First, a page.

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Am J Phys Anthropol. 2009 Jul;139(3):421-9. doi: 10.1002/ajpa.21004.

Brief communication: Plio-Pleistocene eagle predation on fossil cercopithecids from the Humpata Plateau, southern Angola.

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Department of Anthropology, Yale Institute for Biospheric Studies, P.O. Box 208277, Yale University, New Haven, CT 06520-8277, USA.


Recent studies suggest a large raptor such as the crowned eagle (Stephanaoetus coronatus) was responsible for collecting at least a portion of the primate fauna from the South African fossil site of Taung, including its lone hominin specimen. This taphonomic signature at Taung is currently regarded as a unique and, most likely, isolated case in primate and human evolution. However, the activities of large, carnivorous birds should also be detectable at other primate fossil localities in Africa if raptors have been a strong selective force throughout primate evolution. Over the last 60 years, a collection of extinct cercopithecids has been assembled from several cave breccias on the Humpata Plateau in southern Angola. The material, dated near the Plio-Pleistocene boundary, includes an assortment of craniodental and postcranial remains variably assigned to Papio (Dinopithecus) cf. quadratirostris, Parapapio, Cercopithecoides, and Theropithecus. We compare the Angolan and Taung material to remains of extant primates killed by crowned eagles in the Ivory Coast's Tai National Park. Our analysis indicates that the size distribution and composition of fauna from the localities is quite similar and that there are striking consistencies in damage to the crania from each site. The absence of large bodied (>20 kg) primates and other mammalian taxa at the Taung hominin locality and Tai, and their rarity in Angola, combined with the strong likelihood that raptor nests were positioned near fissure openings at both fossil localities, provides additional support for eagle involvement. On the basis of this evidence, we conclude that at least some of the Angolan cercopithecids were most likely raptor prey and hypothesize that raptor predation has been a strong and perhaps underappreciated selective force during the course of primate evolution.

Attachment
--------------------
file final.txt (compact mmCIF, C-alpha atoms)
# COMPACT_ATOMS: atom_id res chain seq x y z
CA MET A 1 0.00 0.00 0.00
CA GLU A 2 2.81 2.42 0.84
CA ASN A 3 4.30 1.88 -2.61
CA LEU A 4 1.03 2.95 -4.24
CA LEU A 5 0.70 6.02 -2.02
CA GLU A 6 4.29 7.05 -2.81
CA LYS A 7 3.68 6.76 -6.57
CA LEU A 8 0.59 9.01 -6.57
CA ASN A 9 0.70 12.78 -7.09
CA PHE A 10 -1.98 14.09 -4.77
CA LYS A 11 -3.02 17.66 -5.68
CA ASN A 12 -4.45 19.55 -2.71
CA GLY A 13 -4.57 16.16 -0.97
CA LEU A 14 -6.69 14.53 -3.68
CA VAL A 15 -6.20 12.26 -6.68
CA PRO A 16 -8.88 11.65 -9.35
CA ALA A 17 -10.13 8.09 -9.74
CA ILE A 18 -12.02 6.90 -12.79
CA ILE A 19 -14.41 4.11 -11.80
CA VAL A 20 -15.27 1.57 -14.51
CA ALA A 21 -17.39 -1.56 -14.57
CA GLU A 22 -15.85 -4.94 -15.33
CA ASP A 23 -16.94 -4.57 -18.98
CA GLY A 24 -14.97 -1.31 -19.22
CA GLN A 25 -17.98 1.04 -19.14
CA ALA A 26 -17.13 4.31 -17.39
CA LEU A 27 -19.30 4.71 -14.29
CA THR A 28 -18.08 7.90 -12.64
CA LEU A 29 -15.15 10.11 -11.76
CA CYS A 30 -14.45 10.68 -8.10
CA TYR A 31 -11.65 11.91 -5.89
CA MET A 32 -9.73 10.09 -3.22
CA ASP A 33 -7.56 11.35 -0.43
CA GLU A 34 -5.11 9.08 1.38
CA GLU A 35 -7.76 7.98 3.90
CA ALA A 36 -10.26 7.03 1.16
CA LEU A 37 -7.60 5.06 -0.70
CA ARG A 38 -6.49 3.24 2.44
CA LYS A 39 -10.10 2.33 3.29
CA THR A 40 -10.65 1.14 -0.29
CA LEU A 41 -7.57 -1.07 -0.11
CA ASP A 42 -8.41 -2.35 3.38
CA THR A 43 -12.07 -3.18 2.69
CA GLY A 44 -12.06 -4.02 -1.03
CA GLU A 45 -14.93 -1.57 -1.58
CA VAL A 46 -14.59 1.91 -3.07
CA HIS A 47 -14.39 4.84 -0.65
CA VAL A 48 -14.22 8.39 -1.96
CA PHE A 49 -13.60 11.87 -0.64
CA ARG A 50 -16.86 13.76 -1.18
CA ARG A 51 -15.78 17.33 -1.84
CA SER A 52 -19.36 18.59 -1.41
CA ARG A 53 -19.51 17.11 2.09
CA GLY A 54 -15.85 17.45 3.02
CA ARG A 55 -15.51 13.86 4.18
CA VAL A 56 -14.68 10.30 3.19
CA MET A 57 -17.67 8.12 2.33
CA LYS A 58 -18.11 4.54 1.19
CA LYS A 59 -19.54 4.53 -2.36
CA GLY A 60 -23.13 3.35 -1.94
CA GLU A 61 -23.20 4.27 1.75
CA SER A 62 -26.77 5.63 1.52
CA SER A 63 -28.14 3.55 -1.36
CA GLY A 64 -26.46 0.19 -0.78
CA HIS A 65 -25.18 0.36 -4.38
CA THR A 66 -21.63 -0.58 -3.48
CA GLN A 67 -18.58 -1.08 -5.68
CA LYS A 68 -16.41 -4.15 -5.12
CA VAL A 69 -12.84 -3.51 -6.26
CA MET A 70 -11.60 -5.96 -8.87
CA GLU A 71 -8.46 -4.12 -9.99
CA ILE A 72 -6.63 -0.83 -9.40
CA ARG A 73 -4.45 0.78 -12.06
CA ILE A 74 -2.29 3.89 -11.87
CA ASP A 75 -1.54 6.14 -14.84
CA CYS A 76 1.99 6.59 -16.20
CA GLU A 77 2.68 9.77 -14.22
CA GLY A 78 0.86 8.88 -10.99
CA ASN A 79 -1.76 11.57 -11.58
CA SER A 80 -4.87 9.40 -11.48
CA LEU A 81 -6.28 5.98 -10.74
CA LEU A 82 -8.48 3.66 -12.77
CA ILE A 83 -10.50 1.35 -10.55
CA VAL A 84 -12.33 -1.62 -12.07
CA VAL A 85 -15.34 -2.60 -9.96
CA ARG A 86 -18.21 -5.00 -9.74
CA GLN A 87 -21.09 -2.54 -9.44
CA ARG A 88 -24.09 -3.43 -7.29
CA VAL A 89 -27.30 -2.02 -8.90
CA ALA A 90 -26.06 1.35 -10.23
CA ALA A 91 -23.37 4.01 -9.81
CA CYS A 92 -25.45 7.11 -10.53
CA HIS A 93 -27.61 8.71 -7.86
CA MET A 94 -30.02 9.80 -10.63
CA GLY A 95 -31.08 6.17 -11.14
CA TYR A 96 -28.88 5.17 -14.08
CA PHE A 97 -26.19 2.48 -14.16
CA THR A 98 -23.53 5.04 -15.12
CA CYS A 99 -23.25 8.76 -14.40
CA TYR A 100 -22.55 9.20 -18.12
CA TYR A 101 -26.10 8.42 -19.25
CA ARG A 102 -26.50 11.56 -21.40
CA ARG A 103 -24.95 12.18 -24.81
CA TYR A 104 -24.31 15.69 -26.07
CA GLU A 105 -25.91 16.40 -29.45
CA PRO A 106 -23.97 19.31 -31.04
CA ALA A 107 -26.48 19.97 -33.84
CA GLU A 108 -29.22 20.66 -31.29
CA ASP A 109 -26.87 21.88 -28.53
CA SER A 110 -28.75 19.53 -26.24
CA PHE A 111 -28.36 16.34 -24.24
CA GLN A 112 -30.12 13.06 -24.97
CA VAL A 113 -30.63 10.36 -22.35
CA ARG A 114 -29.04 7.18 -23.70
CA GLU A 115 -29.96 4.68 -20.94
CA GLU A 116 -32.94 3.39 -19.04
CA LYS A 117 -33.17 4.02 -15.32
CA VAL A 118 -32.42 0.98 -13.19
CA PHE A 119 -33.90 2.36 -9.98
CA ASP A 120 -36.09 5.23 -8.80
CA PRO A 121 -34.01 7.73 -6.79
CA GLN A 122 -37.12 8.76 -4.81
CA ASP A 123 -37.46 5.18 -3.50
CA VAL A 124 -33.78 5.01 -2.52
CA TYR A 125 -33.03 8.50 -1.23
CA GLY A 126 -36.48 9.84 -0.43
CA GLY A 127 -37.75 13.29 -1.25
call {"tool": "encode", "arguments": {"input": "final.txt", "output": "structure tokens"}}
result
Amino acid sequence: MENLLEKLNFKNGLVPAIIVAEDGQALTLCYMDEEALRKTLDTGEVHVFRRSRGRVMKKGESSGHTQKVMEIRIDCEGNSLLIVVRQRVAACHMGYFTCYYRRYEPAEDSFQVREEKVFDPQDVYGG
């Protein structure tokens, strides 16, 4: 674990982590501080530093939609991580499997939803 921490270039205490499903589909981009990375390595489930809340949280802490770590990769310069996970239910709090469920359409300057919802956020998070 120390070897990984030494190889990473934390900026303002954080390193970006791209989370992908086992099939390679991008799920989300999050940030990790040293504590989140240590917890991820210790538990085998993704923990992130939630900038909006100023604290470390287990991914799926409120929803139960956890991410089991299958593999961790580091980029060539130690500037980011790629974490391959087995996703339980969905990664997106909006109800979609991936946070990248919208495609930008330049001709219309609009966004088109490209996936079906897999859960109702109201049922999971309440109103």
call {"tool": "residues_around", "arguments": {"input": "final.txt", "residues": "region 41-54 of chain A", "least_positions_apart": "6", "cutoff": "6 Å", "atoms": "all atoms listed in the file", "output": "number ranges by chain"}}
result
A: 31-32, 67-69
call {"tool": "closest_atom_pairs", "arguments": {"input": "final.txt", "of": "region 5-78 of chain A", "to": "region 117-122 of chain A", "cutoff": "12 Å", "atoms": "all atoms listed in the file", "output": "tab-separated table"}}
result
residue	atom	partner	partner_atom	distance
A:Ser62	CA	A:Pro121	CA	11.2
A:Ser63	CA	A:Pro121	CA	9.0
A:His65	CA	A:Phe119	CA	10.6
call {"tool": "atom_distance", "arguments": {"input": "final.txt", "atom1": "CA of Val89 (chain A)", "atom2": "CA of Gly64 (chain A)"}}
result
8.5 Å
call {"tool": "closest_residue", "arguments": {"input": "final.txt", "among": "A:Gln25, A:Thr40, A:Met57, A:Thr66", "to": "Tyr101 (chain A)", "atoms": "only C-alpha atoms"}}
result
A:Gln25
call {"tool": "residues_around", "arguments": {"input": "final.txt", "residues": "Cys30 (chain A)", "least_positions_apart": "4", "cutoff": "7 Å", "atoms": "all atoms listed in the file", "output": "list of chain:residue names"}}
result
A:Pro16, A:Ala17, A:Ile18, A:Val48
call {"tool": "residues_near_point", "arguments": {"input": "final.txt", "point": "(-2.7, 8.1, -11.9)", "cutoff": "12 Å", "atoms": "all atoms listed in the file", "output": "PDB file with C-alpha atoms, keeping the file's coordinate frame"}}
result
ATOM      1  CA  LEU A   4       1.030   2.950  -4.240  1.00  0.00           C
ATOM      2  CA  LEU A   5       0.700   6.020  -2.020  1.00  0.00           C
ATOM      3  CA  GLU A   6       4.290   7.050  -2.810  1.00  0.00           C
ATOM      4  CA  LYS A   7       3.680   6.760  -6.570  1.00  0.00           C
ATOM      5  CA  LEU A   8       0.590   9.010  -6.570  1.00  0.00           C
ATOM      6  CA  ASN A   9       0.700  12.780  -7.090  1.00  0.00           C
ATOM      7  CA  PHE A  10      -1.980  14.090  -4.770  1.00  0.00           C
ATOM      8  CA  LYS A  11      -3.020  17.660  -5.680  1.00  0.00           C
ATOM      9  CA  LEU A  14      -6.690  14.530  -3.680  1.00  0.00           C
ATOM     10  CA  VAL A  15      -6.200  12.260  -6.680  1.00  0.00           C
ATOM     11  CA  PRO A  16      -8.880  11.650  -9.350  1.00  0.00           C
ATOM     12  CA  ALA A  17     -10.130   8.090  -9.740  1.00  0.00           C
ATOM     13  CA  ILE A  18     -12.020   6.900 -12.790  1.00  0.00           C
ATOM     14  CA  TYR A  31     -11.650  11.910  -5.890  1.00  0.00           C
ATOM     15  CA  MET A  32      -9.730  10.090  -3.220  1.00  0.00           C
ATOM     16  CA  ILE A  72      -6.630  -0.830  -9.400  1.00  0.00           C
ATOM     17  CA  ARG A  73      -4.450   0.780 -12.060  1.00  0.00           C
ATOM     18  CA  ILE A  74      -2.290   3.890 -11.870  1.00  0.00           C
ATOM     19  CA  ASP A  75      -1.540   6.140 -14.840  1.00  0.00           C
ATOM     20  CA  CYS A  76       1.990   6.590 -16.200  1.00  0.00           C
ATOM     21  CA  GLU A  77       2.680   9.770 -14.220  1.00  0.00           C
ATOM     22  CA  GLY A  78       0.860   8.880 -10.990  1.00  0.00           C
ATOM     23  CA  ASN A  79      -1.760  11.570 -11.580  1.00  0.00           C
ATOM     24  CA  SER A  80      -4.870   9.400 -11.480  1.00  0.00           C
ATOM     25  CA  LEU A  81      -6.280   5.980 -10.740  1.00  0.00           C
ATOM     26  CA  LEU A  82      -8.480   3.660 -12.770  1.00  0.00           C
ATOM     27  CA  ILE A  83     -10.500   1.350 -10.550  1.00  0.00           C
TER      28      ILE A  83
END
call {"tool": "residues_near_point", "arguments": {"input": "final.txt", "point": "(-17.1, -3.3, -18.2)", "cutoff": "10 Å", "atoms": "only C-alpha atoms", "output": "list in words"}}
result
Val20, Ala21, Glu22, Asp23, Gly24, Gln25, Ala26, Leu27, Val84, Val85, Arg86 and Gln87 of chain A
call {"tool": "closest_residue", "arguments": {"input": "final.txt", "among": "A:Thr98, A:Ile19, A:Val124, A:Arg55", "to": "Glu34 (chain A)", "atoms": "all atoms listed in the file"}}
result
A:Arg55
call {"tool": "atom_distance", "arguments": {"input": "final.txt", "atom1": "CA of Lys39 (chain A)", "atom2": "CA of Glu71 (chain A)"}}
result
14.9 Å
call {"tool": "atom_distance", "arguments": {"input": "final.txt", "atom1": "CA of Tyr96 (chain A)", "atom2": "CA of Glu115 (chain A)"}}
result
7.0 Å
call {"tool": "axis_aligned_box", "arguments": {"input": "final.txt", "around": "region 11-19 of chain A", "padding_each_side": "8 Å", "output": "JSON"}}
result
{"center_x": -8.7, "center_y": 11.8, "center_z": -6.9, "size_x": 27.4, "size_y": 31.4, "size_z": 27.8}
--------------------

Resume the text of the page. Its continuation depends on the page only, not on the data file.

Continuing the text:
[Indexed for MEDLINE]

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